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Politics Never Sleep
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Andrew Kositkun Foreign Exchange Head Trader
Last Friday, markets were thrown another Italian curveball when Deputy Prime Minister Salvini called for a snap election. However, as with all politics, things are never straightforward. Beyond the issue of Prime Minister Conte resisting the call for a snap election, there is broader concern over what happens to the 2020 Italian budget as it affects Italy’s relationship with the EU.
With regards to the budget, there are two key elements—timing and content. October 13 is the first day that elections can be held, and unfortunately, that is also two days before the budget is due to the EU. There is also the issue of content as the budget tries to balance stimulating sluggish growth, which calls for fiscally costly policies while staying within the EU’s spending rules. The latest twist to this drama has been talks between the Five Star Movement (5SM) and the Democratic Party (DP) to avoid snap elections. Historically speaking, these two parties are not allies.
Over the weekend, Matteo Renzi of the Democratic Party, gave an interview expressing support for a grand coalition government provided that this government could deliver a 2020 budget and finalize a constitutional bill reducing the number of MPs from the next Legislature. In order to establish a government, the support of at least 316 Deputies and 161 Senators (including 3 life Senators) are needed. Theoretically speaking, DP and 5SM have just enough votes to make this happen. But in reality, unless PD party leader Zingaretti changes his mind, it is unlikely that 100% of the DP members would support Renzi’s cause. Ultimately, there are many obstacles remaining, both for snap elections and forming an alternative government, but the latest developments have certainly moved the prospects of a grand coalition government from a tail event into the realm of possibility.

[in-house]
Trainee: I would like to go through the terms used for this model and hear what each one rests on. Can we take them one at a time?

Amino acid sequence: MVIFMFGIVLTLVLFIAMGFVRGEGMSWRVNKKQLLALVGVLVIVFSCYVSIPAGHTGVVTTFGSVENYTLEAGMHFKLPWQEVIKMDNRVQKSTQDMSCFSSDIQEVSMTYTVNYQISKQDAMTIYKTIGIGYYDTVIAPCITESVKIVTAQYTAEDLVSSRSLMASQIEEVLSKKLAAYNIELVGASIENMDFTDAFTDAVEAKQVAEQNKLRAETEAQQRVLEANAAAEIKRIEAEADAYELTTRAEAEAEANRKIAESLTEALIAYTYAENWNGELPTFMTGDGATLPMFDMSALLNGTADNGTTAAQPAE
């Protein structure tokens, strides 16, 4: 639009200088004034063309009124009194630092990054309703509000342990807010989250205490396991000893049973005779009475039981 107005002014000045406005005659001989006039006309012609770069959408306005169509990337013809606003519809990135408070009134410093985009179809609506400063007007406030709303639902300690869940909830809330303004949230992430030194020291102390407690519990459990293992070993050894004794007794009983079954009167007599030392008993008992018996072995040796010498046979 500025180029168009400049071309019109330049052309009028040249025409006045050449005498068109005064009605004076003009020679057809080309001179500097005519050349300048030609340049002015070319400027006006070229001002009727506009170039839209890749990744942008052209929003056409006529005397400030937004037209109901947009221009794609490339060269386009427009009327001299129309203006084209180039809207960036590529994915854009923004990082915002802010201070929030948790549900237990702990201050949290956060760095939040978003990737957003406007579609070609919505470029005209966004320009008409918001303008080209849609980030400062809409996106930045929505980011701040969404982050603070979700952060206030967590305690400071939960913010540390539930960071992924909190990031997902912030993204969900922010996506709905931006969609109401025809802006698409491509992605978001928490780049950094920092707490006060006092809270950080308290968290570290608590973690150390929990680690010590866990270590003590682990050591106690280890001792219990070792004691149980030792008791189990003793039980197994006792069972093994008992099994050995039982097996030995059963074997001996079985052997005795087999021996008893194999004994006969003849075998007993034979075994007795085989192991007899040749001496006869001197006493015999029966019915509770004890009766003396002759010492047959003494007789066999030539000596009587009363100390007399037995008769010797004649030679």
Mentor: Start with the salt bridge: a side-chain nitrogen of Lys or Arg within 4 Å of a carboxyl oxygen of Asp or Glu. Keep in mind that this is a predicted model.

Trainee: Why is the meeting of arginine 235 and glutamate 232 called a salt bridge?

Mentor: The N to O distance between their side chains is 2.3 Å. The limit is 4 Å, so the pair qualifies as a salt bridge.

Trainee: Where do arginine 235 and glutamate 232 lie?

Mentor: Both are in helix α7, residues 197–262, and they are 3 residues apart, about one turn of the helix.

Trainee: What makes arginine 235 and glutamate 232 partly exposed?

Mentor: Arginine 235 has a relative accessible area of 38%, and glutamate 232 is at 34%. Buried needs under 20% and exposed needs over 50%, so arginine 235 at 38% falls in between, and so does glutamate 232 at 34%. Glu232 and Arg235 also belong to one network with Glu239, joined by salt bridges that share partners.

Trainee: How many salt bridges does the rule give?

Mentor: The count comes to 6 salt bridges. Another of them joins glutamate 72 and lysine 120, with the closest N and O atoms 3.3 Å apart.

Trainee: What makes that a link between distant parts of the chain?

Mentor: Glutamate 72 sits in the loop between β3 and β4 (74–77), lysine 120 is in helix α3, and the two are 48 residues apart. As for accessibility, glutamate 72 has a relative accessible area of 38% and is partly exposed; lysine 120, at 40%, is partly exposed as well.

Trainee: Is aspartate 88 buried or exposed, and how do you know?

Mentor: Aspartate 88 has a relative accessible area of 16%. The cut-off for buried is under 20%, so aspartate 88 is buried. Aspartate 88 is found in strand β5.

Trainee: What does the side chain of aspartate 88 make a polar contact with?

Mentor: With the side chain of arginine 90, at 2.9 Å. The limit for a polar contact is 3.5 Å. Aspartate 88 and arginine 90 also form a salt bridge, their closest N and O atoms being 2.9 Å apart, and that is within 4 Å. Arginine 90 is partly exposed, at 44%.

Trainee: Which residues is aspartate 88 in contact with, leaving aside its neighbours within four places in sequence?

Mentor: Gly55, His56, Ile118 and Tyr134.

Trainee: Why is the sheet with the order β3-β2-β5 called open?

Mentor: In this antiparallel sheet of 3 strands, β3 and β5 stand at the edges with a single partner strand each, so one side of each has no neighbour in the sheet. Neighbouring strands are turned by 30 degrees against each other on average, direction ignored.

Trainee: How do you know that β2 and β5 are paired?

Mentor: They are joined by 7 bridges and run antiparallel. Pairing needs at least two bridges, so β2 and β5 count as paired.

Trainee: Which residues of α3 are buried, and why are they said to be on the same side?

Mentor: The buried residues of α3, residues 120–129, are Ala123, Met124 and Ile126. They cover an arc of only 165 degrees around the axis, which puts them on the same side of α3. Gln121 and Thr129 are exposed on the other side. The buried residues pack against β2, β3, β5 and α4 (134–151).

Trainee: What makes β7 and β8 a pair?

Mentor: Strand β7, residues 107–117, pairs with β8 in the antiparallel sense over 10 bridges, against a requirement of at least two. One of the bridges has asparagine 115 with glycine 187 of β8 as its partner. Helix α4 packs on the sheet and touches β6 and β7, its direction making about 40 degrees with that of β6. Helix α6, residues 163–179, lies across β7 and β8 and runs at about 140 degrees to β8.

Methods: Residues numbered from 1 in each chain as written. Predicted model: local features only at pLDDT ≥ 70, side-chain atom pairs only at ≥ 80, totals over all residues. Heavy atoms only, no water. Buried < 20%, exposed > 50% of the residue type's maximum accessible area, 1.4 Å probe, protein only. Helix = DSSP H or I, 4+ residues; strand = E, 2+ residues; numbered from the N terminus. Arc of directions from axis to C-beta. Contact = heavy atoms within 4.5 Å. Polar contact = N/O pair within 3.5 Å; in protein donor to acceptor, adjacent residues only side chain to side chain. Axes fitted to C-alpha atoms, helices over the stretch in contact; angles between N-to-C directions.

HERE ARE THE KEY NEWS STORIES FROM OVERNIGHT:
Tensions in Hong Kong continue to run high with authorities in Hong Kong cancelling flights after protesters filled the main terminal building. The continued protests have put additional pressure on Hong Kong’s already struggling economy which in turn has added to questions on the authorities’ ability to maintain the HK dollar’s peg.
The Argentine peso is under sharp pressure after President Macri lost a primary vote by 15 percent. This larger-than-expected defeat throws into question the future of the market-friendly Maci. Should this result be repeated in October’s presidential election, a runoff vote will not be needed.
Over in the UK, the Good Law Project’s case—which is asking the Scottish Court of Sessions to rule that PM Johnson can’t shut down Parliament leading into October 31 to allow a no-deal Brexit - will have a hearing on Tuesday to decide the timeline for the case and its ruling.
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